Kiss the NIT goodbye.
Is that right? Can we really say that just three days after Christmas?
Yes, we can.
Does it have to come true?
No, but something has to change.
Losing at home to Penn State, as Indiana did 69-60 Monday night in its Big Ten opener, has all sorts of implications, none of them good, except this one -- it had a chance at the end.
Okay, that’s the positive bone we’ll throw.
This was exactly what IU needed -- a cliffhanger ending that demanded crunch-time toughness. It got exactly what it didn’t need -- another soft-minded loss.
That’s three straight defeats, five overall, all with the Hoosiers within minutes of victory.
Can’t somebody make a game-deciding play?
“We have to hold each other accountable,” guard Jordan Hulls says. “We have players who can go one on one, but in some situations it’s not the best time to do that. When we move the ball and play good defense, that’s when we’re at our best. If people try to be the hero, the team chemistry isn’t as good. We have to play a full 40 minutes.”
How bad was this defeat?
You don’t need us to tell you, but we will with this thought:
Second-ranked Ohio State comes to Assembly Hall Friday, which is New Year’s Eve.
“Three in a row can become a snowball effect for us,” guard Jeremiah Rivers says. “It’s not the way we wanted to start (the Big Ten). We can’t hang our heads and get down about it. We don’t have time.”
Penn State was, by most non-conference measures, the Big Ten’s worst team. Given this might be the toughest conference in America, that designation was misleading.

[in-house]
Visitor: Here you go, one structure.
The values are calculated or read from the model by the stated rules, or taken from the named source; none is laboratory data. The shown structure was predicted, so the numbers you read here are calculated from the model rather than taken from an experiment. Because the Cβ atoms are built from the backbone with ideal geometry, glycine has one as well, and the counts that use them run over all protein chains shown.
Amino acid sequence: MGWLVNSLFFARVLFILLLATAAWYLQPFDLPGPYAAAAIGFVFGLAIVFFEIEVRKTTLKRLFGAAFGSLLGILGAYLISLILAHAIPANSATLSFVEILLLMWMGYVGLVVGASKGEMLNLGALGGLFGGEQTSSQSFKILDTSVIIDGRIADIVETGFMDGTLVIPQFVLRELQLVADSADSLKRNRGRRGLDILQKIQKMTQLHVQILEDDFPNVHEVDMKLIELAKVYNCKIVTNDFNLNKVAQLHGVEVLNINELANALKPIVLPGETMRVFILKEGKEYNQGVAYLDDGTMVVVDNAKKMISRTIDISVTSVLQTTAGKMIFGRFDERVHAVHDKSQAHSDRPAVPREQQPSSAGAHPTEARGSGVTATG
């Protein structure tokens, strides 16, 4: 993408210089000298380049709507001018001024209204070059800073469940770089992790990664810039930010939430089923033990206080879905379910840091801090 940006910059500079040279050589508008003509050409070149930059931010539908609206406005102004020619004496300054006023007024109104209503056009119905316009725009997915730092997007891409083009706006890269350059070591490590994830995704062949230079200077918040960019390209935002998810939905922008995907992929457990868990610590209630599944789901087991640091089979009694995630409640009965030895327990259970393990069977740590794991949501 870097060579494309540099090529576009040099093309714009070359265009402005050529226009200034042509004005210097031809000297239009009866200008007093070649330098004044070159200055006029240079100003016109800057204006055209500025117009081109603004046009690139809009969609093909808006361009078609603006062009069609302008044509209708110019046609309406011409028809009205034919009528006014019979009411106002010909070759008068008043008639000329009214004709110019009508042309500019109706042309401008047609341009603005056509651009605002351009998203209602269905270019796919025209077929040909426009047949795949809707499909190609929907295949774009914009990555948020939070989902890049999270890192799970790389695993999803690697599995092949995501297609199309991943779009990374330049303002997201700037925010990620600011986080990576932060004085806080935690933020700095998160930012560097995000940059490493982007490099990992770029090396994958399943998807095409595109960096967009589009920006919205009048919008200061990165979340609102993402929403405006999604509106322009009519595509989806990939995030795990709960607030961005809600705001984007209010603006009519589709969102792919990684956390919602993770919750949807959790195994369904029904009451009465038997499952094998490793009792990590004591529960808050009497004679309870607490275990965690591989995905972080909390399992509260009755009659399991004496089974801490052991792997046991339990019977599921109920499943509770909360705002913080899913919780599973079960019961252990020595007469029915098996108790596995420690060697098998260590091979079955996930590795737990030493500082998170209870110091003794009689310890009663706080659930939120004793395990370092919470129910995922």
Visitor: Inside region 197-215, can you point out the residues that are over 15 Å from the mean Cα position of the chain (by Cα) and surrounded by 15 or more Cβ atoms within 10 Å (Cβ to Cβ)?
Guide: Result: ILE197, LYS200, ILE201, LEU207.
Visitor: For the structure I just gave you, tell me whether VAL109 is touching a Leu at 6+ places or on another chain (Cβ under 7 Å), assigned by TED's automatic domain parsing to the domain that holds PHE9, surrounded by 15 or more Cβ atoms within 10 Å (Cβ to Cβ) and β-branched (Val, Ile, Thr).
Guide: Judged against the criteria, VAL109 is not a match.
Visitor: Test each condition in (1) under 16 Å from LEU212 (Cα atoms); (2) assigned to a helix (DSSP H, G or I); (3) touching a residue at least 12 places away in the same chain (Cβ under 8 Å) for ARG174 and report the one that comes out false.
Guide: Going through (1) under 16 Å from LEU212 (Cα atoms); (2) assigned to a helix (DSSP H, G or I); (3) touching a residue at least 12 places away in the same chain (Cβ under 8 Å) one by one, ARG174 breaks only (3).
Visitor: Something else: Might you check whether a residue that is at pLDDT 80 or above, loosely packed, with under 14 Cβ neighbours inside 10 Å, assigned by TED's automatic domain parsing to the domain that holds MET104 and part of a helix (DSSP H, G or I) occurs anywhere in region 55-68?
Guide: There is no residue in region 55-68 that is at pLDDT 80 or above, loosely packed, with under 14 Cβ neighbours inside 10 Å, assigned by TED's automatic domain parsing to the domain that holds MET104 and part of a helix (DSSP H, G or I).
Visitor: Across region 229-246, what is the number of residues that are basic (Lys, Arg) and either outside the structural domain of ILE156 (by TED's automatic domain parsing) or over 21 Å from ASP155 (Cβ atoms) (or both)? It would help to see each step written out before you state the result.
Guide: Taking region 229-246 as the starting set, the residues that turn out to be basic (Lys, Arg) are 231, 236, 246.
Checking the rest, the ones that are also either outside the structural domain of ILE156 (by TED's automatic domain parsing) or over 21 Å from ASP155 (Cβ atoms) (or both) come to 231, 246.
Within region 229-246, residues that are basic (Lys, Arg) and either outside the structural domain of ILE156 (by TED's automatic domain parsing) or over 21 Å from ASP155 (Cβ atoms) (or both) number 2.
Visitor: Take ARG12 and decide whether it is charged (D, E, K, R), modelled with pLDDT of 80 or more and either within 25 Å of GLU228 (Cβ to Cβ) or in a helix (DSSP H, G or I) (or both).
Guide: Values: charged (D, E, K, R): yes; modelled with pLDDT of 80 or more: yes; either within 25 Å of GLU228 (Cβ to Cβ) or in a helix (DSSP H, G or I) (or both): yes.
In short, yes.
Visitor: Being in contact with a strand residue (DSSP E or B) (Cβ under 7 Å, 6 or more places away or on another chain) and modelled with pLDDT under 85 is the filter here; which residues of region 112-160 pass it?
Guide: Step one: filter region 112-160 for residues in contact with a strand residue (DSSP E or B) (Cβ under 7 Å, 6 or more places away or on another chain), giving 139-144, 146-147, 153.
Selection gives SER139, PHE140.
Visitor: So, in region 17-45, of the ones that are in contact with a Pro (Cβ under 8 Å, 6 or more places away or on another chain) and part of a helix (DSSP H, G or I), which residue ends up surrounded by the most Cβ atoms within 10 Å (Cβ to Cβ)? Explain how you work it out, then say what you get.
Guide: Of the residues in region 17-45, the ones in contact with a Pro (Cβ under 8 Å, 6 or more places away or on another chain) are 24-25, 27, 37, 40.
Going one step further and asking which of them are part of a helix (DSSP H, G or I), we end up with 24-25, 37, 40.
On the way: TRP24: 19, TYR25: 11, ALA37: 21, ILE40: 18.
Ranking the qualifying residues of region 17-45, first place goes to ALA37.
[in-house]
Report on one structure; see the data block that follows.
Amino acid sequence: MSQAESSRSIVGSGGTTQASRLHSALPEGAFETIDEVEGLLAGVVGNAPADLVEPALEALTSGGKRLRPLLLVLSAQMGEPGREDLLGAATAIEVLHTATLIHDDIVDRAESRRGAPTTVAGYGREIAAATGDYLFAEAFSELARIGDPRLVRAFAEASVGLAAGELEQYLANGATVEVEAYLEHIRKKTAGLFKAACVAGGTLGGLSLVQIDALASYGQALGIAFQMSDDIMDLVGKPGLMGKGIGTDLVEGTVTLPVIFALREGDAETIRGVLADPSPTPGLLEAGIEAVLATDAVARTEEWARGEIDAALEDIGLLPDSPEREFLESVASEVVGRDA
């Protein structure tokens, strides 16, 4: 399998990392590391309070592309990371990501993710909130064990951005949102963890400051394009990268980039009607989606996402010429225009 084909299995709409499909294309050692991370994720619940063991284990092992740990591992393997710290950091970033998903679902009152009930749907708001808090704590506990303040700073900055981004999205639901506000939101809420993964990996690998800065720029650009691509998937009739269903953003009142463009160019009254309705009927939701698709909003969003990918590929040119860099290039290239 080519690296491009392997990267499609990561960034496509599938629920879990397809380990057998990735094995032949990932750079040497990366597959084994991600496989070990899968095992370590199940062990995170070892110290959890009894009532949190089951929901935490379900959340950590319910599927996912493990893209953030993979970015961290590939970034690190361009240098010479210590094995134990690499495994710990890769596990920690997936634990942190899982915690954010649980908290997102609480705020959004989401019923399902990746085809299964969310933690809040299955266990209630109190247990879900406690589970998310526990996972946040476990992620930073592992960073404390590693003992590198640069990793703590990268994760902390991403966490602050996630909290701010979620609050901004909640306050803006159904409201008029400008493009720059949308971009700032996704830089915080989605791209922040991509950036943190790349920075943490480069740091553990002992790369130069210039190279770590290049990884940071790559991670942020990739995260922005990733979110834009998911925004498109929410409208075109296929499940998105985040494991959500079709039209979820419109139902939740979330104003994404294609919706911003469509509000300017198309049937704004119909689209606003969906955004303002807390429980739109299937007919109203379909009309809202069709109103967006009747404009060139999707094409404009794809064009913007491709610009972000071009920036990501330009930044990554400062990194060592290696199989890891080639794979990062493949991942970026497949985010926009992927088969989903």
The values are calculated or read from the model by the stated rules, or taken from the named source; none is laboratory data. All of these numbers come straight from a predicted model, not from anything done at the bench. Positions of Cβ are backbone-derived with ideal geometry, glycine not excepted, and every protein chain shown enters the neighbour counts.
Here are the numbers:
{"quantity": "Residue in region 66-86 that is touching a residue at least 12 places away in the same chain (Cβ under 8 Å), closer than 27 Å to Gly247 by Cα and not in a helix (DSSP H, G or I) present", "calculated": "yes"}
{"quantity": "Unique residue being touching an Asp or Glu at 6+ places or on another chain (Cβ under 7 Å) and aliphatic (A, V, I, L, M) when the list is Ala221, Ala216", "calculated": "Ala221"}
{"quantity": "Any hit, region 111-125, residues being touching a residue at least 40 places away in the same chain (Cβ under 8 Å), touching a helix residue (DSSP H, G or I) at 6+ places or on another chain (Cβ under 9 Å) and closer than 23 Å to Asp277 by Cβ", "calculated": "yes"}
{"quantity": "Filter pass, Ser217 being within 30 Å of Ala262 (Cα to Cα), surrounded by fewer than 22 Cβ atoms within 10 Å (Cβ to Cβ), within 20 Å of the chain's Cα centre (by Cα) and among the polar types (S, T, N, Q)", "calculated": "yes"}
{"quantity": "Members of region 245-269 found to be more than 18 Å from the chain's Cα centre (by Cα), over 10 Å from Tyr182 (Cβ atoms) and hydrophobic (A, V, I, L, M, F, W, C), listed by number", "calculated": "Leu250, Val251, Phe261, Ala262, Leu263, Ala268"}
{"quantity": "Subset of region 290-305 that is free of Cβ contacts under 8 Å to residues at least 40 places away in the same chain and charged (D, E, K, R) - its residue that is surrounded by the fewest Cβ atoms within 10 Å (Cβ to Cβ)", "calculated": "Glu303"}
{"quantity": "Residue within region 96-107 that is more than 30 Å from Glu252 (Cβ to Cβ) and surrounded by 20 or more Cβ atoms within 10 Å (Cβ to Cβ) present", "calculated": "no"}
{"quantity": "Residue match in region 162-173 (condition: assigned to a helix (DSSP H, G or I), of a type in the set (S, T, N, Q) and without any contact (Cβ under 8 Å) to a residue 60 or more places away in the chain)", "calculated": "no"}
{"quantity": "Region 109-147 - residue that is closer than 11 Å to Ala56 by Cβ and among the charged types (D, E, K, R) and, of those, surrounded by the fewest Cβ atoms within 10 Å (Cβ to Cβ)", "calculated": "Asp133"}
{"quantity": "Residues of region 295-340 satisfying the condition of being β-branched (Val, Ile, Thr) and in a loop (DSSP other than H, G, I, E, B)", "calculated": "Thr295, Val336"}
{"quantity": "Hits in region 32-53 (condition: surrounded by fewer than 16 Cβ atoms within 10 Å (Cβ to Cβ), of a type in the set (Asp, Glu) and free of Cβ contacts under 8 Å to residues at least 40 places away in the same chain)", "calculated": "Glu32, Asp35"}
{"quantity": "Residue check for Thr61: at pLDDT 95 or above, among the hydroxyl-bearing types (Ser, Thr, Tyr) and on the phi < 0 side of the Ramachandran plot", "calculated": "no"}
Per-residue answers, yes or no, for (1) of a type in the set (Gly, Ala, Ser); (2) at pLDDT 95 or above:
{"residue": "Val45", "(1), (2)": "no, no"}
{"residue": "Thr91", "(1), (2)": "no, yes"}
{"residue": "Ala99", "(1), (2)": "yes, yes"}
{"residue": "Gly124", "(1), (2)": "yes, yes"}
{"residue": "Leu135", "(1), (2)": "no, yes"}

Given Monday night’s performance, it’s also wrong.
The Hoosiers have earned that status. Other than maybe Iowa at Assembly Hall, IU won’t play a game as the favorite the rest of the season. It lacks a strong inside presence. Its guard play has been inconsistent. It has borrowed about 10 pages from Hoosier football’s can’t-finish playbook.
Does any team in America give up more wide open 3s than IU? The short answer is -- no. The long answer is -- absolutely no.
Nittany Lion forward David Jackson came in as a 27.6 percent three-pointer shooter and went 3-for-4. Penn State was 8-for-17 beyond the arc, 47.1 percent. It entered the game as the Big Ten’s worst three-point shooting team, at 31.8 percent.
Penn State also was the Big Ten’s worst-shooting team overall, at 41.7 percent. It shot 53.8 percent against the Hoosiers.
What does that tell you? IU is a mediocre -- at best -- defensive team. Yeah, it throttles the SIU-Edwardsvilles of the world. So what? It’s played five decent to good teams and lost them all.
Early on against Penn State Assembly Hall was as noisy as a library, as energized as a poetry reading. You can blame the students being on break, but that’s just an excuse. The Hoosiers didn’t give fans anything to cheer about. Penn State pushed to a series of 14-point leads.
That Nittany Lions forwards Jeff Brooks and Jackson scored in double figures wasn’t surprising. They average double figures. The fact they needed just 12 minutes to do it (about three times faster than normal) was surprising. They boosted Penn State to a 34-25 halftime lead.
It was a game that screamed for a fast second-half start and the Hoosiers delivered to take a 48-47 lead. They had momentum and the crowd. Did they have the toughness to take advantage?
You know that answer.
“There has to be pride individually” Rivers says. “Pride as a team. That’s where it starts.”
IU is 9-5 and needs seven Big Ten wins to be positioned for a NIT bid. Do you see that happening? Performance says no. Results scream it. And yet, the talent suggests, maybe.
The truth hurts. It also motivates. What will it do for the Hoosiers? Friday’s Ohio State game will let us know, one way or the other.